Organizers cited the challenge of staging the 45,000-runner event “out of concern for the safety of event participants, volunteers, event staff and spectators.”

Previously, major marathons were canceled in Berlin (originally scheduled for Sept. 27), Boston (April 20, then Sept. 14) and New York City (Nov. 1). The London Marathon, originally scheduled for April 26 and postponed to Oct. 4, remains scheduled.

The other World Marathon Major, Tokyo, took place on its scheduled date of March 1 but with elite runners only.

Last year, Kenyan Brigid Kosgei won Chicago by taking 81 seconds off Paula Radcliffe‘s 16-year-old women’s marathon world record. Kosgei clocked 2:14:04.

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MORE: U.S. Olympic Marathon Trials results

Figure skating Grand Prix events in China remain scheduled

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Figure skating Grand Prix events in China in November and December remain scheduled, the International Skating Union announced Monday, four days after reports about international sporting events in China being canceled through the end of 2020.

A notice about sports events, issued Thursday by the General Administration of Sport of China, made an exception for Beijing Winter Olympic test events and other preparations for the first Winter Games in China in February 2022.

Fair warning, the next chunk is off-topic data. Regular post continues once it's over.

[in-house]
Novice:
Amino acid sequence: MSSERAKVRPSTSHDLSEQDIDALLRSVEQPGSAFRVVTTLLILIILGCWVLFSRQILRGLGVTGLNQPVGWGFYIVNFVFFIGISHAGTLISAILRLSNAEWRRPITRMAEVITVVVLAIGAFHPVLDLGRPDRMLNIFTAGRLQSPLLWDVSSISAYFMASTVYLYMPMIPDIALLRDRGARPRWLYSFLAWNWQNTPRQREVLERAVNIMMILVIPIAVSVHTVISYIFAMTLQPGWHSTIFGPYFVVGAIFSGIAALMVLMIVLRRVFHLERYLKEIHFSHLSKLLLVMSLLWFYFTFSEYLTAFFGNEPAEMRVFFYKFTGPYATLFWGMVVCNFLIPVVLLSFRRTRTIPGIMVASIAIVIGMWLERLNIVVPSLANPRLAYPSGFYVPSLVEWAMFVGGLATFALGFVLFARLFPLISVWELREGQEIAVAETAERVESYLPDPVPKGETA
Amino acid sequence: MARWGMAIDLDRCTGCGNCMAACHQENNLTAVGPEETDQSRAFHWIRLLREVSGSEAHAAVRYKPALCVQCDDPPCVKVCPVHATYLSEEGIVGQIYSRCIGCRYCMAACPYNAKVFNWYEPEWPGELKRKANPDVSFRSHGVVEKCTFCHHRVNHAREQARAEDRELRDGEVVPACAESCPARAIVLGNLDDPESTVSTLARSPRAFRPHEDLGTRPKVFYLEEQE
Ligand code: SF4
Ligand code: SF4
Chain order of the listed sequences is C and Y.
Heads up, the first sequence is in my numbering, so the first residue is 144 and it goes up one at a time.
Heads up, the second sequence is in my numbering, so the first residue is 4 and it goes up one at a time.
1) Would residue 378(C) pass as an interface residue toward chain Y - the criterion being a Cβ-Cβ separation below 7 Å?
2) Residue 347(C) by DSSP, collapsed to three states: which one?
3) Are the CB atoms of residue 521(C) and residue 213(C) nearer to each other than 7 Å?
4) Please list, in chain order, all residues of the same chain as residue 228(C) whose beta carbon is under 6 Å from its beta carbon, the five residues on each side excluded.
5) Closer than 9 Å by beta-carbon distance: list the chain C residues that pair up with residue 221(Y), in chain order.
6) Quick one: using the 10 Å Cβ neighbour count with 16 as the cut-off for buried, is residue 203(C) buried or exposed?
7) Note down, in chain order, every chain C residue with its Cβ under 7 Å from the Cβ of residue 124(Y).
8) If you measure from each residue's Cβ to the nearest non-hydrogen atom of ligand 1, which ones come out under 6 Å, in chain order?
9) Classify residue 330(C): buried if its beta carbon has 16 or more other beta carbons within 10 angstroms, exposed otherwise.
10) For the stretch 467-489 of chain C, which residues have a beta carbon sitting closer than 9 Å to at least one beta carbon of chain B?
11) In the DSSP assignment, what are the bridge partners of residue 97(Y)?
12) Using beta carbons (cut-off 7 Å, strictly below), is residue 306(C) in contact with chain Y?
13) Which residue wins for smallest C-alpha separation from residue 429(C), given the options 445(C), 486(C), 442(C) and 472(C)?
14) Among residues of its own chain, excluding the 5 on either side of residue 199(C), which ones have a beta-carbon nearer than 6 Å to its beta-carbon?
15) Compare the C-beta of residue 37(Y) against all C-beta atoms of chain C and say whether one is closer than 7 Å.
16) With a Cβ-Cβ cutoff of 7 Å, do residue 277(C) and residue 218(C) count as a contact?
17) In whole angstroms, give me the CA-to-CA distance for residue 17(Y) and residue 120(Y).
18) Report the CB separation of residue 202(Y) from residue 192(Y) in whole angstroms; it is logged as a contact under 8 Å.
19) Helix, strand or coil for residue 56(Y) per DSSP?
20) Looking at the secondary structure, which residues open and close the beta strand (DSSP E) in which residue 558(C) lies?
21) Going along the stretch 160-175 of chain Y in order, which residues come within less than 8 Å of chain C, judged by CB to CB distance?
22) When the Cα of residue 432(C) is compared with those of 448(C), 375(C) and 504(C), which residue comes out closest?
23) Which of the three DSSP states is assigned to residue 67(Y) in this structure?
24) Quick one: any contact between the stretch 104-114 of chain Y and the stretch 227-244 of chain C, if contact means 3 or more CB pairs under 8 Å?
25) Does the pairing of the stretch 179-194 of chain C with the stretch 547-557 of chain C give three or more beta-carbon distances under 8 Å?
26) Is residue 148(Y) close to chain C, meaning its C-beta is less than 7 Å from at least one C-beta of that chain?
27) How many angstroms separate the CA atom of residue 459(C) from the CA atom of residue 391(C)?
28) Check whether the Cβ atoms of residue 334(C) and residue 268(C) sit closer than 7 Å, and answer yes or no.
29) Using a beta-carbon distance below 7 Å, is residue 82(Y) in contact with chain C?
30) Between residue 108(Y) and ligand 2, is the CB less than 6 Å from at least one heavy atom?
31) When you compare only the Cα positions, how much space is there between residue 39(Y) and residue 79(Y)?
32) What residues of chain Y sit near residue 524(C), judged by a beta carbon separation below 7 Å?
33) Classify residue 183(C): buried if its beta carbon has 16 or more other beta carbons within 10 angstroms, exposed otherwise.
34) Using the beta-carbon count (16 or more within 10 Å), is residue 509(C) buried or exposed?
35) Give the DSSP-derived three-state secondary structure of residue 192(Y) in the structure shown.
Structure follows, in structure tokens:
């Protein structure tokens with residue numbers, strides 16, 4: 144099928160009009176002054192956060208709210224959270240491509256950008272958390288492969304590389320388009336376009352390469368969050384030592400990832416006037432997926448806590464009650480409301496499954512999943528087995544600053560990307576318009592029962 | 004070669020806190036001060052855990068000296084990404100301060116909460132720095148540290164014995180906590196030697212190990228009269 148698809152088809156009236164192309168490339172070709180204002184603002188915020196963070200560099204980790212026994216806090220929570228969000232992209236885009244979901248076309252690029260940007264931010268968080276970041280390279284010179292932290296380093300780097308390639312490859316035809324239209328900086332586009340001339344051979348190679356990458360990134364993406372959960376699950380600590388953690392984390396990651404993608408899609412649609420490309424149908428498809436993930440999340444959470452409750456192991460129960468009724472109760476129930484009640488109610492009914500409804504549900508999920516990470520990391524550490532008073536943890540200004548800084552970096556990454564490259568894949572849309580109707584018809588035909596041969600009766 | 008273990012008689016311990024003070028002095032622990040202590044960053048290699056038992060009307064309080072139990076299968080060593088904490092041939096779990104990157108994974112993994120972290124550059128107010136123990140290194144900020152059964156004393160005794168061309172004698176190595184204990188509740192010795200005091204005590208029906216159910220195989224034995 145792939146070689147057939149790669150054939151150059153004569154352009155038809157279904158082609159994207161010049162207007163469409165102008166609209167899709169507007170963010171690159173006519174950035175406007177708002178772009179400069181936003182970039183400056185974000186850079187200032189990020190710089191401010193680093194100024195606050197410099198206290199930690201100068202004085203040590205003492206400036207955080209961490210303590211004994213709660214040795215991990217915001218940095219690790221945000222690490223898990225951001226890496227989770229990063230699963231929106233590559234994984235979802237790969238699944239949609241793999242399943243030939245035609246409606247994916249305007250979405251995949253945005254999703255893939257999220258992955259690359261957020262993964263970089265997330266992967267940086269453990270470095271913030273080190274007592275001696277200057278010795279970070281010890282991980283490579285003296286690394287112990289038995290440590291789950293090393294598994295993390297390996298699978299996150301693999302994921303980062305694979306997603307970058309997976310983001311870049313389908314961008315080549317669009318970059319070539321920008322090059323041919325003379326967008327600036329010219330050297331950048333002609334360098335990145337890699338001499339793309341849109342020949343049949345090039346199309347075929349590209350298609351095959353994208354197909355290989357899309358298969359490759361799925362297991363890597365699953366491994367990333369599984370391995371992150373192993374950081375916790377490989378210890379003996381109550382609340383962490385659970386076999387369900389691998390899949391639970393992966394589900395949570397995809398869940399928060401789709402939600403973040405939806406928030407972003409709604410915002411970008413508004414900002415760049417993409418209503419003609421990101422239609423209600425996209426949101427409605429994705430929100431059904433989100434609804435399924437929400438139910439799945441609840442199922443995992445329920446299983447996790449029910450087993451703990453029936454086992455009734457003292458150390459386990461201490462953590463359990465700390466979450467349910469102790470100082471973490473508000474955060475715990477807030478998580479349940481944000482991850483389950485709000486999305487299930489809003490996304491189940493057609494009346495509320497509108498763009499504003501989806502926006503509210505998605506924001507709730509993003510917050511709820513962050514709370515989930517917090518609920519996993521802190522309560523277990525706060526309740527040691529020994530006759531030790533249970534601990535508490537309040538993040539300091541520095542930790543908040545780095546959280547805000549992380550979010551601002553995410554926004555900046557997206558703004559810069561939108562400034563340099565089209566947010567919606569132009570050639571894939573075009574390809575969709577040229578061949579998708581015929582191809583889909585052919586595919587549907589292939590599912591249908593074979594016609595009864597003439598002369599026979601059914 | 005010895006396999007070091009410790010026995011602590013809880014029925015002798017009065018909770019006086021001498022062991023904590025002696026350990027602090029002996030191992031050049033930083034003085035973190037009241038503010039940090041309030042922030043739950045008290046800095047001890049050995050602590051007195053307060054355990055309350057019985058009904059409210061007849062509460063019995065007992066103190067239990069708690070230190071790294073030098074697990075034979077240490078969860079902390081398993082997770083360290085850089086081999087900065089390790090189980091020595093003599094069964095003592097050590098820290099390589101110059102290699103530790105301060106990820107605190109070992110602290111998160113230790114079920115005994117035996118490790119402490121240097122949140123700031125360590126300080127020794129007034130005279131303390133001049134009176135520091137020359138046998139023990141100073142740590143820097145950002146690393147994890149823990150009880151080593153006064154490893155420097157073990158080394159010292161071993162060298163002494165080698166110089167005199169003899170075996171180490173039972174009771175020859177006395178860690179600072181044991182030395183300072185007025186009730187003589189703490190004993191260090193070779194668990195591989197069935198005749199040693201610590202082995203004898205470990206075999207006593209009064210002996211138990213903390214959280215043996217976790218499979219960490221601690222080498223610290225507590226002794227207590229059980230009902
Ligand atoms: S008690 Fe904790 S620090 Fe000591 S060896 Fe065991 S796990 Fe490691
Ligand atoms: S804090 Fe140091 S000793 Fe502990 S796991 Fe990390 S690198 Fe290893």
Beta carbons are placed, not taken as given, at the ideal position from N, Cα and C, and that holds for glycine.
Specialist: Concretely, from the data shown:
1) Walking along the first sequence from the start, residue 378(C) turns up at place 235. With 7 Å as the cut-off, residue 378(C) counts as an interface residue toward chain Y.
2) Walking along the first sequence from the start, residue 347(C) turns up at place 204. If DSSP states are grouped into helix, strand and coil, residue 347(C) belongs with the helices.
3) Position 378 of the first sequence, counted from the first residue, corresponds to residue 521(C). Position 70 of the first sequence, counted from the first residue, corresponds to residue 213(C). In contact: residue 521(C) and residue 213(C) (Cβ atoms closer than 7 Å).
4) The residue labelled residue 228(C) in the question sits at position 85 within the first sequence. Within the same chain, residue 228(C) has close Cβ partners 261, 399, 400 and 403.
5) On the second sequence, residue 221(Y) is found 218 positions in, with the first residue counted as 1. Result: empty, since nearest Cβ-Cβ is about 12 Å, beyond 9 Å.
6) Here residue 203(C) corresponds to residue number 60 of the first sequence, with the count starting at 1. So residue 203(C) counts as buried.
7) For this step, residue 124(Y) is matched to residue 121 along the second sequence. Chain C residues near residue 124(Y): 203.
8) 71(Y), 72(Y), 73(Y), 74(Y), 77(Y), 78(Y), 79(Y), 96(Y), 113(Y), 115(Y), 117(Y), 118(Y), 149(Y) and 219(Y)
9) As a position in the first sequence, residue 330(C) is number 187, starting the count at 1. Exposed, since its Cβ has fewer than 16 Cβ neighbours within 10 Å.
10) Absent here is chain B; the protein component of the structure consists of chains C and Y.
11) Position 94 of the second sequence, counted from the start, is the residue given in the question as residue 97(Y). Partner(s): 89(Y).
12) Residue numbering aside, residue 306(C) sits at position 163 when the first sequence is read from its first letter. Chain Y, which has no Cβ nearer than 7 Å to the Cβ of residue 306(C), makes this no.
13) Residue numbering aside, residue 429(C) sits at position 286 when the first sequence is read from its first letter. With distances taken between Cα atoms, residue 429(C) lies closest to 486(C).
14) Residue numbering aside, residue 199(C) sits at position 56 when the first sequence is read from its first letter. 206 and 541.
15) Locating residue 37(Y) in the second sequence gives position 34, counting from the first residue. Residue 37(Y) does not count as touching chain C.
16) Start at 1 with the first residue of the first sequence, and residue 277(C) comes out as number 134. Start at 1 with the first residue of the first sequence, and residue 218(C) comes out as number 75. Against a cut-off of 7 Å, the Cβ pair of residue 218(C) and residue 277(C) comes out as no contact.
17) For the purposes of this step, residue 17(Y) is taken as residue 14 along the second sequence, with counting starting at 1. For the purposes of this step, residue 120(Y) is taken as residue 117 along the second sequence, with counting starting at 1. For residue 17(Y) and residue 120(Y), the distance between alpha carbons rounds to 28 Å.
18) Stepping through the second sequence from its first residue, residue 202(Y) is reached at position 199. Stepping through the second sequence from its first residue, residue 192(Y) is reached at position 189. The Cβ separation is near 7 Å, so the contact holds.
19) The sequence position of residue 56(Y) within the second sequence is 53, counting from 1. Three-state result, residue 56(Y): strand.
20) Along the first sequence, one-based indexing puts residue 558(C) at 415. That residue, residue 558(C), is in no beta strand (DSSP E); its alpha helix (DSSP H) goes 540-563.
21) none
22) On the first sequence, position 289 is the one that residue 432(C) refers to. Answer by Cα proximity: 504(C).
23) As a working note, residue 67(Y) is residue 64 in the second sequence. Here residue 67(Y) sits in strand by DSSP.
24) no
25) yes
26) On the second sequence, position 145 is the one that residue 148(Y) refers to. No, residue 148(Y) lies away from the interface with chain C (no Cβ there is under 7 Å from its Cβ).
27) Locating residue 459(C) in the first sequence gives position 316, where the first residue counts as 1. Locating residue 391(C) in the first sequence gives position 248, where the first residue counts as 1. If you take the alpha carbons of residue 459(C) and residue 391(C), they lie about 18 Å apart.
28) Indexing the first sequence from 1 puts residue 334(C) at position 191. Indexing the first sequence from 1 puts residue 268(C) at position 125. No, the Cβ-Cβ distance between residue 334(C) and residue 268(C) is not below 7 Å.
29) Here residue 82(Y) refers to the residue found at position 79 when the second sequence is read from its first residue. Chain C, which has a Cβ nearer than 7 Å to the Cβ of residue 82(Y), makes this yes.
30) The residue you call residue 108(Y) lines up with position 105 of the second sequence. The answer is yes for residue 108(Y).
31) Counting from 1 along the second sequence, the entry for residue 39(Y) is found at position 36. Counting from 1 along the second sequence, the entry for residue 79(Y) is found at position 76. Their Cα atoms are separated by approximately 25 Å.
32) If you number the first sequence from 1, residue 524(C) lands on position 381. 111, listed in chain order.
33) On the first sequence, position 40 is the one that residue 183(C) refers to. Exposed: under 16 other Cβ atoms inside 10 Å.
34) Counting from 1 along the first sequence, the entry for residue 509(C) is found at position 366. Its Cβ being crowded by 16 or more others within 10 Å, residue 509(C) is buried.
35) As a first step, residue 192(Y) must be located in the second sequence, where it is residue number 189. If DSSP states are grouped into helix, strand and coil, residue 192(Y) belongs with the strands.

The Grand Prix Final, the second-most prestigious annual figure skating competition, is still scheduled for December in Beijing because it is an Olympic test event.

Furthermore, the Cup of China, one of six events across the globe that determines Grand Prix Final qualifiers, remains scheduled for November in Chongqing because it is related to the Final.

“Like for all other five ISU Grand Prix of Figure Skating events in the different countries, this is of course subject to finding the necessary logistical, medical and safety solutions to hold the ISU Grand Prix of Figure Skating events as planned,” according to the ISU.

The ISU previously announced it set a deadline to decide on possible event cancellations: 12 weeks before an event starts. For the first Grand Prix Series competition, Skate America in Las Vegas, the decision deadline is Aug. 1.

The ISU council will meet virtually on Aug. 3 to decide on further action for upcoming competitions.

MORE: Tai Babilonia, a Winter Olympic original, credits skating trailblazer